Since then, a few people have asked me how the share prices of shells reach such dizzy heights, even in a raging bull market. There are a number of reasons, but the main one is unquestionably the relatively small size of a shell.
Even when selecting a conventional growth share, all other things being equal, I prefer small capitalisation companies. I work on the principle that doubling a market capitalisation of pounds 100m is a great deal easier than doubling a capitalisation of pounds 10bn. To illustrate this, I coined the phrase 'Elephants don't gallop'.
A shell is an extreme example of this basic principle. The very small market capitalisation and the fact that the company is quoted are usually the only attractions; the underlying business is often nondescript. One of the Oxford Dictionary definitions of the word 'shell' is 'Unimportant firm made the subject of a takeover bid because of its status on the Stock Exchange'. Another, more amusing, meaning is 'Outward show, mere semblance'.
To contrast a shell with an ambling, elephantine leading stock, the best analogy I can offer is a flea, which can jump 200 times its own body height - equivalent to a man jumping over St Paul's Cathedral.
In addition to the small market capitalisation of a shell, the float of shares available to the market is invariably very restricted. Most of the shares are usually held by friends and business associates of the incoming entrepreneur. Dramatic changes in management and prospects are nearly always seen as positive developments that result in more buyers than sellers.
A typical shell company with a market capitalisation of, say, pounds 5m and underlying assets of half that might easily double with as little as pounds 250,000 worth of shares changing hands.
In the eyes of many investors, a further factor adding to the attractions of shell shares is that they are usually penny stocks. Not only is the market capitalisation small, but many people believe (and they may be right) that it is far easier for a 5p share to reach 10p than for a 500p share to reach 1,000p.
If the shares of my pounds 5m typical shell doubled, the market capitalisation would rise to pounds 10m leaving well behind the underlying assets of pounds 2.5m. At this point, an important deal might be announced, financed by an issue of shares for, say, another pounds 10m. The business being acquired would probably be backed by assets or earnings of about that amount.
If the share price remained the same, the market capitalisation would rise from pounds 10m to pounds 20m and the underlying 'worth' to pounds 12.5m. The 'hot-air' gap of pounds 7.5m would still need filling in, but the share price would probably rise again as the market sniffed another deal in the offing.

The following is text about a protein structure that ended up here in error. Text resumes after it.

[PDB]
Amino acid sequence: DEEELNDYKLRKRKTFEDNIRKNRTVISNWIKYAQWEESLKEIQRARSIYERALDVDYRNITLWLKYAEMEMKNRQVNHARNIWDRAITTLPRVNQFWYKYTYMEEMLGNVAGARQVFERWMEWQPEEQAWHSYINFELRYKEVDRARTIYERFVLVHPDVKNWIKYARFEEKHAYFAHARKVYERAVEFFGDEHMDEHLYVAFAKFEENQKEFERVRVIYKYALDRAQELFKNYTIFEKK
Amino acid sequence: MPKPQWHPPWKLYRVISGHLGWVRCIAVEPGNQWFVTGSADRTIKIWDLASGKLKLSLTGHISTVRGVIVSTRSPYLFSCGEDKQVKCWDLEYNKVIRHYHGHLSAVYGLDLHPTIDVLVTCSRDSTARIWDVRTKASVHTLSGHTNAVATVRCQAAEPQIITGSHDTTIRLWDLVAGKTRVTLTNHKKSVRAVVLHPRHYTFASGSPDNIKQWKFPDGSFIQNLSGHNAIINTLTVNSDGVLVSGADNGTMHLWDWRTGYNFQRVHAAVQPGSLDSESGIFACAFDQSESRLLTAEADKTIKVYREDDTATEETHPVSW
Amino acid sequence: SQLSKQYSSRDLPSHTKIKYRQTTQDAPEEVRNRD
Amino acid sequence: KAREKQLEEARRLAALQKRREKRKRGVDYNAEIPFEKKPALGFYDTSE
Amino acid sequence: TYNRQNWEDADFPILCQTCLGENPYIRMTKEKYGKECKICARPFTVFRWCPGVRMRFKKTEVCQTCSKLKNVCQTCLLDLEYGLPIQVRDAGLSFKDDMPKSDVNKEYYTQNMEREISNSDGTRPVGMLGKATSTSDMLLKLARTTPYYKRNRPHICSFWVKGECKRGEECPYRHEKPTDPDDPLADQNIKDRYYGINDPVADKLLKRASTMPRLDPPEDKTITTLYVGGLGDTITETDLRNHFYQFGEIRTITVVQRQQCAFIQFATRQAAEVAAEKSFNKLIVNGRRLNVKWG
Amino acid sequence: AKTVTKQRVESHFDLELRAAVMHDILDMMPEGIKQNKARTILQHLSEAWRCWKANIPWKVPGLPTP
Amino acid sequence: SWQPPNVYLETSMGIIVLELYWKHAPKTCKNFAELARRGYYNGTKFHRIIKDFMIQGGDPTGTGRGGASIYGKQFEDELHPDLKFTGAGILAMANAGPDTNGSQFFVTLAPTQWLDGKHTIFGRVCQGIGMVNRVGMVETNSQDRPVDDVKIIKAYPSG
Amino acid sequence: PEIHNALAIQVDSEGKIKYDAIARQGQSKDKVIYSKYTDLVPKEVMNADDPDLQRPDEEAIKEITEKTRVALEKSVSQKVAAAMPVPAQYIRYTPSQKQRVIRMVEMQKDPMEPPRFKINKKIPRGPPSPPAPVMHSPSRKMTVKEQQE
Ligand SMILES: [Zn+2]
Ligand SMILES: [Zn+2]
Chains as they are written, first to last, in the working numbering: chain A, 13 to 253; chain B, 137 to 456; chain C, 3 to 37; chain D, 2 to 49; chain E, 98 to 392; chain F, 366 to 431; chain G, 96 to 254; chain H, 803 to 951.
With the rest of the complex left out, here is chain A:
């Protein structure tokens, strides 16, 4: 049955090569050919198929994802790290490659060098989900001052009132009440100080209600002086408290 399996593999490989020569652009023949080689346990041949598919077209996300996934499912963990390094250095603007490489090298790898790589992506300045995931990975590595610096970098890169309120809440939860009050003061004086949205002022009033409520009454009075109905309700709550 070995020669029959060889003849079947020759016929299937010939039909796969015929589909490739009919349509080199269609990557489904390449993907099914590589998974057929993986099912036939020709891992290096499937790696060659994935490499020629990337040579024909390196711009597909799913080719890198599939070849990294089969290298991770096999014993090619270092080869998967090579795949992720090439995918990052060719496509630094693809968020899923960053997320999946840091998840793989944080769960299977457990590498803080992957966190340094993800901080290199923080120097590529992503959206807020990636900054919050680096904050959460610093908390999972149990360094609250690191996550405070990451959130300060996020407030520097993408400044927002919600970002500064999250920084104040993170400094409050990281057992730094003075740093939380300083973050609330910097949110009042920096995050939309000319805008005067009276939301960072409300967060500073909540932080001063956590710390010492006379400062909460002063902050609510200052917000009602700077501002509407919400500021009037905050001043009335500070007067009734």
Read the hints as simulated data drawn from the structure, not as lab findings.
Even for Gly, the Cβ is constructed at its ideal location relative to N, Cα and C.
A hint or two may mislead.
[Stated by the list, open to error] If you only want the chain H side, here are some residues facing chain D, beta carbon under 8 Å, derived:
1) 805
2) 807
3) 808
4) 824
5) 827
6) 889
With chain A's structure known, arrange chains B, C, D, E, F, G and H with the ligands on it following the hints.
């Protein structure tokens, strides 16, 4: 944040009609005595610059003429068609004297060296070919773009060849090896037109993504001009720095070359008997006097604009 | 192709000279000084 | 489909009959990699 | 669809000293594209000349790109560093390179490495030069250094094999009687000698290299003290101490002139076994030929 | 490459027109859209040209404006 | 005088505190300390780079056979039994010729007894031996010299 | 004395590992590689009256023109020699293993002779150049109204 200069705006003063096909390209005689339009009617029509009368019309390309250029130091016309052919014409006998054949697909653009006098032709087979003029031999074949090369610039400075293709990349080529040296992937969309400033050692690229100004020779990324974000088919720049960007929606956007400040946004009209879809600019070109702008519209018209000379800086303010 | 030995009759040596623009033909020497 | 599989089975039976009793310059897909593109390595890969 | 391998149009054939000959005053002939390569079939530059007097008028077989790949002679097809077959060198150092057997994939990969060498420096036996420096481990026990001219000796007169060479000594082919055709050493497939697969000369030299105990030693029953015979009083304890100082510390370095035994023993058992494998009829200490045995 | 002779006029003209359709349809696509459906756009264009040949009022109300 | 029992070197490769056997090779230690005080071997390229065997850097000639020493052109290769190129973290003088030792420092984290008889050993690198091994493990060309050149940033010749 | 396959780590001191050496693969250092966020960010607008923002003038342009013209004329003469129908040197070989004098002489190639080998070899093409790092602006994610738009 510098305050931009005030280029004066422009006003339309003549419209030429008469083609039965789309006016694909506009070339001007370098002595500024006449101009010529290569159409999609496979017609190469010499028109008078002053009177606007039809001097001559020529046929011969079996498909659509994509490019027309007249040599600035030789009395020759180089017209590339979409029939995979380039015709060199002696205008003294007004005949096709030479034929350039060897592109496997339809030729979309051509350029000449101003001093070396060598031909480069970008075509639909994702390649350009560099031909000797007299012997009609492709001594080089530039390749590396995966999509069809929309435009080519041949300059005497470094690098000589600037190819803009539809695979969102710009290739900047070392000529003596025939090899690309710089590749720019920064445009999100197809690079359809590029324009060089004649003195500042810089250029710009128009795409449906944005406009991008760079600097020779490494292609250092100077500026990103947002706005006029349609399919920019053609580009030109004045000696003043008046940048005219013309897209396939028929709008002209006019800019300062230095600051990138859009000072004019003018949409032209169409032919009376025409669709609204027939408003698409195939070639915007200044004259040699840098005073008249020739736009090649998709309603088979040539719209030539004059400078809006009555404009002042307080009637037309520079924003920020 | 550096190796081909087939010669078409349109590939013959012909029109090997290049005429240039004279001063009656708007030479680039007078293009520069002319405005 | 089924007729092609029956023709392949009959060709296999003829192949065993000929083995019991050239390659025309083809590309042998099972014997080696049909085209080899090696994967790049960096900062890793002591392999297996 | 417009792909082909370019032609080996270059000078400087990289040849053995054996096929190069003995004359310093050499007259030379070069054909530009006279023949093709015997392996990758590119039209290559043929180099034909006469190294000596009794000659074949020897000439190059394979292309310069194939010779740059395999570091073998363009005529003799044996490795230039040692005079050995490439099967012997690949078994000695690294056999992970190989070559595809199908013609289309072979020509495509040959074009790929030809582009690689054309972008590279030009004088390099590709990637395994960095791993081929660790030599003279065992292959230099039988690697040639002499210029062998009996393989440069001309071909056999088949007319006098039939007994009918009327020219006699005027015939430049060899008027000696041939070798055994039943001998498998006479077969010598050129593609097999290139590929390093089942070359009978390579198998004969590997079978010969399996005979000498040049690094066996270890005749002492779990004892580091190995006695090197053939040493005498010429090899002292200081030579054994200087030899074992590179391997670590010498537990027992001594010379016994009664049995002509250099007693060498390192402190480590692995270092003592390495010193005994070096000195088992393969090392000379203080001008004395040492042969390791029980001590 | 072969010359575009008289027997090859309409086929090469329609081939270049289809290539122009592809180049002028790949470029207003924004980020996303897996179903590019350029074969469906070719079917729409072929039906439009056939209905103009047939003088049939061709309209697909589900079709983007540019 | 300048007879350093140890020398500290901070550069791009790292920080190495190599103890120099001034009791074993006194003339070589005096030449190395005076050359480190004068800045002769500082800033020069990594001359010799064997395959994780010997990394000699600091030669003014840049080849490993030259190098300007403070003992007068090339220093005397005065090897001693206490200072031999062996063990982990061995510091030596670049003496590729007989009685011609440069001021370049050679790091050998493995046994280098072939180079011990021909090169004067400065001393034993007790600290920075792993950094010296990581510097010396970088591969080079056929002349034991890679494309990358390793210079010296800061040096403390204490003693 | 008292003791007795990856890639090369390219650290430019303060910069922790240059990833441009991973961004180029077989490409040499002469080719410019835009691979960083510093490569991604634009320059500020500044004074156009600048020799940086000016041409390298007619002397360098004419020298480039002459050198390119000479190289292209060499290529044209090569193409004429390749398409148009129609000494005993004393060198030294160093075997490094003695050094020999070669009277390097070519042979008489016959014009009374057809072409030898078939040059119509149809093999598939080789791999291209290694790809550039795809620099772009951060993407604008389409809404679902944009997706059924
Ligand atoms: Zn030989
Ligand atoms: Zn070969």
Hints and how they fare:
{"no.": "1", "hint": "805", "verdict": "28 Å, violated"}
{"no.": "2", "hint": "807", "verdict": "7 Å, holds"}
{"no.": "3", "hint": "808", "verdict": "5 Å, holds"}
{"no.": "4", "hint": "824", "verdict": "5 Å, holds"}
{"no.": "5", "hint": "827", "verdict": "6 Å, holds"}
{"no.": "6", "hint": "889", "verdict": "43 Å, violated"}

More assets might then be acquired by the issue of shares on a lofty multiple or standing at a high premium to net asset value.
FILLING THE GAP
At some point, the shell might manage to buy a company with exceptional earnings prospects or one standing at a vast discount to its probable worth. Berisford International's acquisition of Magnet fell in this category. With one bound, Alan Bowkett filled the hot-air gap in Berisford's price and gave investors the hope of more.
Berisford International, like Wassall before it, was a large shell operation. Many shells go on to become great companies; Hanson Trust and Williams Holdings are wonderful examples. A few, like Polly Peck and Parkfield, fall by the wayside. Shells have a high risk/reward ratio: if you are right, you can make a lot of money by investing in them; if you are wrong, you can lose it all.
Next week, I will set out a number of criteria that should help you to decide whether or not to invest in a particular shell. Meanwhile, you can readily see that shells are very susceptible to the music stopping and to swings in market sentiment.
This is, first, because they are often priced at well above their underlying fundamental value, and second, because the market in the shares is usually very narrow and there is always the risk of getting trampled underfoot in the rush for the exit.
The author is an active investor who may hold any shares he recommends in this column. Shares can go down as well as up. Mr Slater has agreed not to deal in a share within six weeks before and after any mention in this column.Reuse content